WAYNESBORO, Pa. – Christina Schultz and her husband knew something wasn’t right with their two-month-old, Sammy, the morning of Oct. 9, 2018. He had recently been fighting a cold, which the second-time parents realized wasn’t cause for great concern. But when he displayed lethargy that morning and was difficult to wake, they knew they were dealing with something more serious.
The Warfordsburg couple ventured into Maryland before heading north toward Chambersburg Hospital. They were in Zullinger when Christina called 911.
Within minutes, Waynesboro Advanced Life Support – Medic 2 and other emergency services personnel arrived.
“I’d never seen a baby that white before,” said Denver Kerns, a paramedic with Medic 2. “(I was afraid) that the baby was dead or was not going to survive.”
The team assessed Sammy quickly and realized he would need flown out, but around the time LifeNet81 landed adjacent to the ambulance, Sammy went into cardiac arrest. Because he was in cardiac arrest, he couldn’t be flown from the scene. Emergency crew members estimate the tiny baby’s heart stopped for about two minutes.
Schultz watched helplessly as crew members worked to resuscitate her son and said she felt relief when Medic 2 Technician Lisa Heaster gathered her in a hug and reassured her the team was going to help her son.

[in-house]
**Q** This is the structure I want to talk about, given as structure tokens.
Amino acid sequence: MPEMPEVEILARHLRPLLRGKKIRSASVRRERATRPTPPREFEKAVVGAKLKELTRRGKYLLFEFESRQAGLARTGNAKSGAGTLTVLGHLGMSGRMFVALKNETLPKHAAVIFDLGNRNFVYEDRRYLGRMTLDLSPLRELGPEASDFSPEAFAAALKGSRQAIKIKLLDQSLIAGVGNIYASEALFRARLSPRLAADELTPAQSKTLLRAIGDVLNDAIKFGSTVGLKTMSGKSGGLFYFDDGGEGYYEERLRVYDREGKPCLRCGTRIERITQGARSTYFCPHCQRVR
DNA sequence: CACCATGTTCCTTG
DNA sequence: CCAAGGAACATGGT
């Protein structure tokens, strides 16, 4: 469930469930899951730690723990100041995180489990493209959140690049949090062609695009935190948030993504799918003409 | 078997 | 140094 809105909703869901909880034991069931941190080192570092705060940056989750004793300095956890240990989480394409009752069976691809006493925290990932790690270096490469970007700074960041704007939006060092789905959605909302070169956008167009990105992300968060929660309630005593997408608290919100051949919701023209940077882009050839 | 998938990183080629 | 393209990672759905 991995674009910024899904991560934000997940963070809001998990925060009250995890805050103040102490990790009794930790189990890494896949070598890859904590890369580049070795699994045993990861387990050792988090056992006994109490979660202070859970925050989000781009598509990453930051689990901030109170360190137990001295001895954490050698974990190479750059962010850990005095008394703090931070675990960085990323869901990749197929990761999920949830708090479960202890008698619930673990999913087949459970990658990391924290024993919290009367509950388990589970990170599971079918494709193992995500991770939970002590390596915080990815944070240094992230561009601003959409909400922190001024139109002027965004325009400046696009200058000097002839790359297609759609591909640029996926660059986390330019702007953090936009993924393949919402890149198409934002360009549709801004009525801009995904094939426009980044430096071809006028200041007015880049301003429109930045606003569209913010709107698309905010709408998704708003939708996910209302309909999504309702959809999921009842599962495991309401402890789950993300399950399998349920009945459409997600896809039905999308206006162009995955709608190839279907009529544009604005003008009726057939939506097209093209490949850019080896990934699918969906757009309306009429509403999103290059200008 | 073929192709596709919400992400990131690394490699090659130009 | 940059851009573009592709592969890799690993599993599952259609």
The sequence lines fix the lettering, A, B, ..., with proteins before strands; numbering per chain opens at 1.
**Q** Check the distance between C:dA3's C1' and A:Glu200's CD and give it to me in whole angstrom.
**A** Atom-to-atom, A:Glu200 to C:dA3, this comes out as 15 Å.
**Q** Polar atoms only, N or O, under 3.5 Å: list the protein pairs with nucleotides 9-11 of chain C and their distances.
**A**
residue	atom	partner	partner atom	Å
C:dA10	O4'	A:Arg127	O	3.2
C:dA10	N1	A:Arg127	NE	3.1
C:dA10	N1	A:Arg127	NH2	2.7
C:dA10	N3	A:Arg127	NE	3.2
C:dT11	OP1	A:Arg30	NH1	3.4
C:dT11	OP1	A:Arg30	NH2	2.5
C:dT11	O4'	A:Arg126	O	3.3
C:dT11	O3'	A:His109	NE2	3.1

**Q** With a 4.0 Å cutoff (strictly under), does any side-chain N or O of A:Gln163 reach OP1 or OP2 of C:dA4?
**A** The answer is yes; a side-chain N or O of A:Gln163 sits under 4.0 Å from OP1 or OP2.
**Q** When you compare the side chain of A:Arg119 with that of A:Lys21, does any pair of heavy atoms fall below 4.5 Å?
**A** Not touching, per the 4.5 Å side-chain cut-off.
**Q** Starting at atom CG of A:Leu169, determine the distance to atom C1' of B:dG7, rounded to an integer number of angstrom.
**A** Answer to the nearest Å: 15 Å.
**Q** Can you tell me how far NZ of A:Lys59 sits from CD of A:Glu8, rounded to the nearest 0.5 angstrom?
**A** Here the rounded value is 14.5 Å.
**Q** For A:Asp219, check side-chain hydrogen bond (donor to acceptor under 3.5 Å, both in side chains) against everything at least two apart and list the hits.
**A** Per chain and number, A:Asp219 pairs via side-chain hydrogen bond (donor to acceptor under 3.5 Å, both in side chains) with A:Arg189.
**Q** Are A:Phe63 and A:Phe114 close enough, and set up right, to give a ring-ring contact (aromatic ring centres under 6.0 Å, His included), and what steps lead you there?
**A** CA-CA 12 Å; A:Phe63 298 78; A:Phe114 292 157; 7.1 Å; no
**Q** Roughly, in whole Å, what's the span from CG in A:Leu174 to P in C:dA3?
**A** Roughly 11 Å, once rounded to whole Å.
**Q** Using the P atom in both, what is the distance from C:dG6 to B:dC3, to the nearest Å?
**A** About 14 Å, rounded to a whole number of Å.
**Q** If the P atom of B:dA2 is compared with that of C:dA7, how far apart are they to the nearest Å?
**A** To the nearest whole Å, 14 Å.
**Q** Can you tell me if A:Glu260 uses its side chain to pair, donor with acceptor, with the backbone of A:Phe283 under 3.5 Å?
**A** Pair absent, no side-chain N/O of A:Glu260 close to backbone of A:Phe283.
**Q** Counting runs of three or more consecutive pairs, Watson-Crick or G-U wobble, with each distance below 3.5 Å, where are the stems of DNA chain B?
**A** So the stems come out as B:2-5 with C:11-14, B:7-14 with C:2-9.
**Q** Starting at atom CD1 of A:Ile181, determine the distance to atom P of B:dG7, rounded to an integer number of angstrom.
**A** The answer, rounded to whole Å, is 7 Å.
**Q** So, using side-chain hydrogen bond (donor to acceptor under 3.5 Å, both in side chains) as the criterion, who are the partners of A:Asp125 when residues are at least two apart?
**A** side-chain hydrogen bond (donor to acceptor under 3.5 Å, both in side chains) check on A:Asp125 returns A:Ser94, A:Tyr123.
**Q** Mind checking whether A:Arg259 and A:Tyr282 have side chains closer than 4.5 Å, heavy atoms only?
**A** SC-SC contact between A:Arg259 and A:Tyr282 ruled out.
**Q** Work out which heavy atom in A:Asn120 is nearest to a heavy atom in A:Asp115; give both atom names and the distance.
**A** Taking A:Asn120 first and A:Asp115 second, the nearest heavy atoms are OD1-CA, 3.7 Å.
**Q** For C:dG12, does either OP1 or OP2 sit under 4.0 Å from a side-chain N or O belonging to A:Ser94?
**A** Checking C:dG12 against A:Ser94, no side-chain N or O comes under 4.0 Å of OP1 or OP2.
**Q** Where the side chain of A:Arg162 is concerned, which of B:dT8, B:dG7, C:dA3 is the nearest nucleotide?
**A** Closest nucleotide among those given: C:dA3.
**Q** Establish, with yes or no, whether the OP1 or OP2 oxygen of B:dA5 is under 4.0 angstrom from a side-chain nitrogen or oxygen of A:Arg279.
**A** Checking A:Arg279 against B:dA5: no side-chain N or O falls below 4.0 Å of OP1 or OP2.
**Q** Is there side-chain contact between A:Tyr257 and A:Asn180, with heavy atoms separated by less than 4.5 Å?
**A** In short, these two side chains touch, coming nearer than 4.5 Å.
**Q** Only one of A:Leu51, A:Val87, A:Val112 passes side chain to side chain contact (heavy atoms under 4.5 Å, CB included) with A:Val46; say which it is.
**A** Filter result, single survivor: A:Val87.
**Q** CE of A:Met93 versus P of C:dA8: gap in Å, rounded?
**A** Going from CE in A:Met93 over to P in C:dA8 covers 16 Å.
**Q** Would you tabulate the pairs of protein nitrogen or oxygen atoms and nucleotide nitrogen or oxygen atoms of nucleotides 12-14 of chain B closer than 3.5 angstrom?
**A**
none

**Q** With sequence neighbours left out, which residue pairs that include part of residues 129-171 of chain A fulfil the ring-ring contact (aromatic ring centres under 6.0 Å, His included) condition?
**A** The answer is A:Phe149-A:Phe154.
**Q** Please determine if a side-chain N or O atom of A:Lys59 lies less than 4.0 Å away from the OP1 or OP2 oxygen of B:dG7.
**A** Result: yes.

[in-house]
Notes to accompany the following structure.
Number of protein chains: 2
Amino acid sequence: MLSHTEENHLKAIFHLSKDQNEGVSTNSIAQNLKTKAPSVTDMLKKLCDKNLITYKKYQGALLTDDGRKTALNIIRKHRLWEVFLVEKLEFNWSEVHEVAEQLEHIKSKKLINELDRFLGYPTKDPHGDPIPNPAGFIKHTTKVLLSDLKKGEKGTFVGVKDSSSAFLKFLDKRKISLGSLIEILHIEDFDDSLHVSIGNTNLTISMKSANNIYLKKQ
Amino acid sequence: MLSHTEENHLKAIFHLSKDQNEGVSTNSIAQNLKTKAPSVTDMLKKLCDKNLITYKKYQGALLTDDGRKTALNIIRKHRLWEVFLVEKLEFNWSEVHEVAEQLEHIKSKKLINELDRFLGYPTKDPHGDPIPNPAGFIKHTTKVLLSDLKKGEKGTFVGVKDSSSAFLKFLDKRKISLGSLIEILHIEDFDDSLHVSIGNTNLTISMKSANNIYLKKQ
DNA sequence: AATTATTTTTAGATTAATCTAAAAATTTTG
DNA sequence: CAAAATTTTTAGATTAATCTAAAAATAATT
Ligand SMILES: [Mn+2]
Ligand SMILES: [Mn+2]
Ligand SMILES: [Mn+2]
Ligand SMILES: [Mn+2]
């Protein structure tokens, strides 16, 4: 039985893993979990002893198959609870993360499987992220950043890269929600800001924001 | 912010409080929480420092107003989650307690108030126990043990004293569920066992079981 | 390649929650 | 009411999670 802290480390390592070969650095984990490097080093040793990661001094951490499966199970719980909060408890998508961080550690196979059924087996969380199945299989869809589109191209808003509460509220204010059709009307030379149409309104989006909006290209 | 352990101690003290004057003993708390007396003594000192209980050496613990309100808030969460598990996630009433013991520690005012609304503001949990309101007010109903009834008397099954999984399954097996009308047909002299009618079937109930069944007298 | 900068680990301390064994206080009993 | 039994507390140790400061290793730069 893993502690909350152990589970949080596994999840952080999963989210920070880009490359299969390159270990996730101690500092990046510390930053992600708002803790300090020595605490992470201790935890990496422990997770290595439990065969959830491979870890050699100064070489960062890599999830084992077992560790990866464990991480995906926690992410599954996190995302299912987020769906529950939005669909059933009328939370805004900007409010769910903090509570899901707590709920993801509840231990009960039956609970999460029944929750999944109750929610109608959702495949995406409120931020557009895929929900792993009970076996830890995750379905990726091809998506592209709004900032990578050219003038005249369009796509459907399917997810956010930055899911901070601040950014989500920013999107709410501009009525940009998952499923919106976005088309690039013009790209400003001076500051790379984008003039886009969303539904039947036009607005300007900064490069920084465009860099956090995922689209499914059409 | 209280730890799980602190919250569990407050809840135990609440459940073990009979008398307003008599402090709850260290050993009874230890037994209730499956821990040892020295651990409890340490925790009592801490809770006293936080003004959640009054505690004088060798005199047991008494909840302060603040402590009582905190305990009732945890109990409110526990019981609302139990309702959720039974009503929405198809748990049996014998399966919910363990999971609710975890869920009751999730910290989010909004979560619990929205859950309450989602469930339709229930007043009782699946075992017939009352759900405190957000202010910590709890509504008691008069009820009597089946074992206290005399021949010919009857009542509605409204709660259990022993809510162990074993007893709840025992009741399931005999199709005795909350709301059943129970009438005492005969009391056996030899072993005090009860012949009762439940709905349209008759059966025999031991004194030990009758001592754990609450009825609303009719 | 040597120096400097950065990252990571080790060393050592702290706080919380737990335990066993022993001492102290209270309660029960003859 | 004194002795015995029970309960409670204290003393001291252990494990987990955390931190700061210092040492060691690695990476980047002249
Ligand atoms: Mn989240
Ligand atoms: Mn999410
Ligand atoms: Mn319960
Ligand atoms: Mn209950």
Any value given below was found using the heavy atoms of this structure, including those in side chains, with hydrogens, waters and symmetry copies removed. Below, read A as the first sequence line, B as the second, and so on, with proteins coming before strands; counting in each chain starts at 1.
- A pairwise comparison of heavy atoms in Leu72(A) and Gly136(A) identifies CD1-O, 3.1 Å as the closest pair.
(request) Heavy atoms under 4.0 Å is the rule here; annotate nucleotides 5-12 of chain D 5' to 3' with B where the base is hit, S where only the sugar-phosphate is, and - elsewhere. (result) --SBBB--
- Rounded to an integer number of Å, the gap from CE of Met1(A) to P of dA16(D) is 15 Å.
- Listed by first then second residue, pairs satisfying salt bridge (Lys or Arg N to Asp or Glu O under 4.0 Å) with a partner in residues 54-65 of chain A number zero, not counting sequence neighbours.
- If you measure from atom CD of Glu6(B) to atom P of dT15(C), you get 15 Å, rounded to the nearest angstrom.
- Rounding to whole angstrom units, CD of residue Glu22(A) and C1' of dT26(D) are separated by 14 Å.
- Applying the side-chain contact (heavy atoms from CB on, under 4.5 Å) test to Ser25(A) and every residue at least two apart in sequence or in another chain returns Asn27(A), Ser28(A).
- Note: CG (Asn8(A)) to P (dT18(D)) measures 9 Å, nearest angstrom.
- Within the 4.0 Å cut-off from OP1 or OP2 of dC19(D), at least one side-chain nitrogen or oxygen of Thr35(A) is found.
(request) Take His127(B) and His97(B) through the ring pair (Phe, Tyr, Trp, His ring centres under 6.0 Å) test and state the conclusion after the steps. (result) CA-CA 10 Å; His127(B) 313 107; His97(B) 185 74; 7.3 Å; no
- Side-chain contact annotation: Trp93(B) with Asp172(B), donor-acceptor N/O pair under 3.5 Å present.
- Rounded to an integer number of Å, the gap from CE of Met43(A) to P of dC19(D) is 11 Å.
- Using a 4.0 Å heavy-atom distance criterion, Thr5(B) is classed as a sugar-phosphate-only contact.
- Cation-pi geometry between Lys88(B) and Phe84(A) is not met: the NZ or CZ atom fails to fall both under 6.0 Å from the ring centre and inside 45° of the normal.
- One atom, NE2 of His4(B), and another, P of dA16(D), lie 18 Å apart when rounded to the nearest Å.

“It was a huge comfort when she grabbed me – she really calmed me down.”
“There was a lot of brain in the back of that ambulance – a lot of knowledge,” noted Heaster.
“A lot of praying, too,” added Kerns.
The ambulance arrived at Waynesboro Hospital’s Emergency Department within minutes.
“When he got to us, he was white. He was limp,” said Nancy Bates, registered nurse and clinical coordinator in the Waynesboro Hospital Emergency Department. “It was a scary day.”
“He had a pulse, but he was very, very sick,” added Dr. Michael Faretta, an emergency department physician at Waynesboro Hospital.
He said that through the flurry of activity, staff members remained calm as they provided life-saving measures and worked together toward their goal: stabilize Sammy so he could be taken to a pediatric facility offering the specialized care he needed. The effort took about 80 minutes.
“No one left the room the whole time. We were fortunate we didn’t have another critically ill patient at that time,” recalled Dr. Faretta.
“Dr. Faretta did an amazing job,” said Bates. “He was calm – he was just amazing.”
Sammy was flown to Penn State Hershey Medical Center and, soon after, to Children’s Hospital of Philadelphia. After a being evaluated, doctors found Sammy has an immunodeficiency and cardiac aneurysm.
Saying ‘thank you’
On Thursday, over seven months after watching emergency services personnel and emergency department staff save her baby’s life, Schultz stopped by to thank them and show them the thriving baby Sammy is today.
“I couldn’t believe how well you guys coordinated with each other. I was amazed. To me, you guys did the most important work – keeping him alive,” she told them.
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